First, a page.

Irish Coast Guard Station Locations
In researching the Coast Guard Service, of William Jenkins, my Great Great Grandfather, I was often frustrated by not knowing where the posting was to. My lack of knowledge of Irish Geography meant that every posting was difficult to place. With help from a number of people, I was pointed to the Ordnance Survey of Ireland’s website where they have overlaid old maps onto the current mapping.
The table below provides the link to all the Coast Guard Stations in Ireland I can find, on the most appropriate map. The 25” maps sometimes have details that the 6” does not and vice versa. Where the feature exists on both maps, the 25” map is used. However, the wonderful OSI website allows you to click on any version of their online mapping so you can see the same point on several maps, including present day and aerial photography.
The OSI URL includes two six digit numbers which have been converted using a tool downloaded from the website to convert to Northing and Easting. These could be a few metres out physically on the ground if you enter them into a GPS device but should get you very close to the feature.
A feature of the 6” maps is that you can zoom out and find out the parish name. This was another frustration in looking for pre-1864 church records. There are records available, but you need to know the parish and a Coast Guard Station name didn’t help. The information below and the 6” map should help to make the connections.
The information is reasonably good for the Republic of Ireland as they have overlaid the old maps. However, the north does not have the same coverage of old maps and thus the detail is less good.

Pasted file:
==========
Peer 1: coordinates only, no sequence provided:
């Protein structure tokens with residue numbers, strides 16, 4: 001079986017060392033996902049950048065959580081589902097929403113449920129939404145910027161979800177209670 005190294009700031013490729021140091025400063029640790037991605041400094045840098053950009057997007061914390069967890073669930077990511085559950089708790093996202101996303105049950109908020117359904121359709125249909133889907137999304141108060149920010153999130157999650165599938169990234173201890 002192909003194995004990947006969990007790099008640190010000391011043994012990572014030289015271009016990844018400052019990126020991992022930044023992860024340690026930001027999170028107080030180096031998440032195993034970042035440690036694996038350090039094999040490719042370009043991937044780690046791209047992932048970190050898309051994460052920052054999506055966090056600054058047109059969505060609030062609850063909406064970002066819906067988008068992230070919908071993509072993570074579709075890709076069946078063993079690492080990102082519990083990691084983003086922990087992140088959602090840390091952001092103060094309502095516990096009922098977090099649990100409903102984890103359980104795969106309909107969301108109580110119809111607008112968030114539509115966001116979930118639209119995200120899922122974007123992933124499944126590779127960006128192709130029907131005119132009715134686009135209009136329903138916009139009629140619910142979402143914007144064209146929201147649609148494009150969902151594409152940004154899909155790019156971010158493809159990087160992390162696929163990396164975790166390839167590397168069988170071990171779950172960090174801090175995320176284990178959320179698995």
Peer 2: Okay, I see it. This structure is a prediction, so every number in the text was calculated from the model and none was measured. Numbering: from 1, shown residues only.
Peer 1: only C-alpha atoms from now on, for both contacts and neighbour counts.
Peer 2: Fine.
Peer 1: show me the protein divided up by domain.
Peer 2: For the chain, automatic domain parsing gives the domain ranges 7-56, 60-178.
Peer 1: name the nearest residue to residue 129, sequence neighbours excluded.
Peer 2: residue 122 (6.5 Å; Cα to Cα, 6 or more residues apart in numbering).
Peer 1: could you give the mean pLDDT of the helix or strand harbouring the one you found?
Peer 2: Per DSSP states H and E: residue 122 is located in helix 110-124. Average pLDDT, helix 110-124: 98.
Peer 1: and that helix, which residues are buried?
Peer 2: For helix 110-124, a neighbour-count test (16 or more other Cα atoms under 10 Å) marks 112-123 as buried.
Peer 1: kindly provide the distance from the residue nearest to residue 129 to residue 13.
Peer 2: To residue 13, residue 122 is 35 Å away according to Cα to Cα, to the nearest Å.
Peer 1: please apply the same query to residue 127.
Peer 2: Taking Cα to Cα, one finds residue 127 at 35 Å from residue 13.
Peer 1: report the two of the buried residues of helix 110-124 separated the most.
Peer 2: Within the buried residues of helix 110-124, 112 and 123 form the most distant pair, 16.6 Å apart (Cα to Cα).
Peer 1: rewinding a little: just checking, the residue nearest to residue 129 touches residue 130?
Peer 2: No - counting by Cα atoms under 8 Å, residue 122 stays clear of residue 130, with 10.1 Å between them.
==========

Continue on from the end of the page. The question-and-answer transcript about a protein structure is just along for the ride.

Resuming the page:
Where I have come across a place where there was a Coast Guard Station but I can’t find the buildings, I have placed a marker to the place and consequently there is no Northing and Easting. I used my own customised coding to order the points around the coast of Ireland. Starting in Dublin Harbour and heading south, all the points should follow the coast clockwise as if you were walking on a path with the sea to your left. My virtual tour of Ireland took many hours but was made possible by the good people at OSI releasing this historic resource free to use. The last few points come from the north and end just to the north of Dublin. This mirrors the way in which Coast Guard Records were organised in the 19th Century and many of the ADM book pages will follow the geographical order in the table below.
A separate piece of work is to collate information on when the Coast Guard Stations were established and “abandoned”. This information can be gleaned from the ADM books and is work in progress for me.
I did start putting this data onto Google Maps in the hope that I could use it to point people to the CoastguardsofYesteryear website from there but it all needed entering manually. I was able to create a spreadsheet in Googledocs which could be viewed in Googlemaps but the link was via the spreadsheet and so it wouldn’t be seen by people just browsing the map. So if anyone knows how to automatically upload these data onto GoogleMaps, I’d be glad to hear from you.
Tim Knight June 2011
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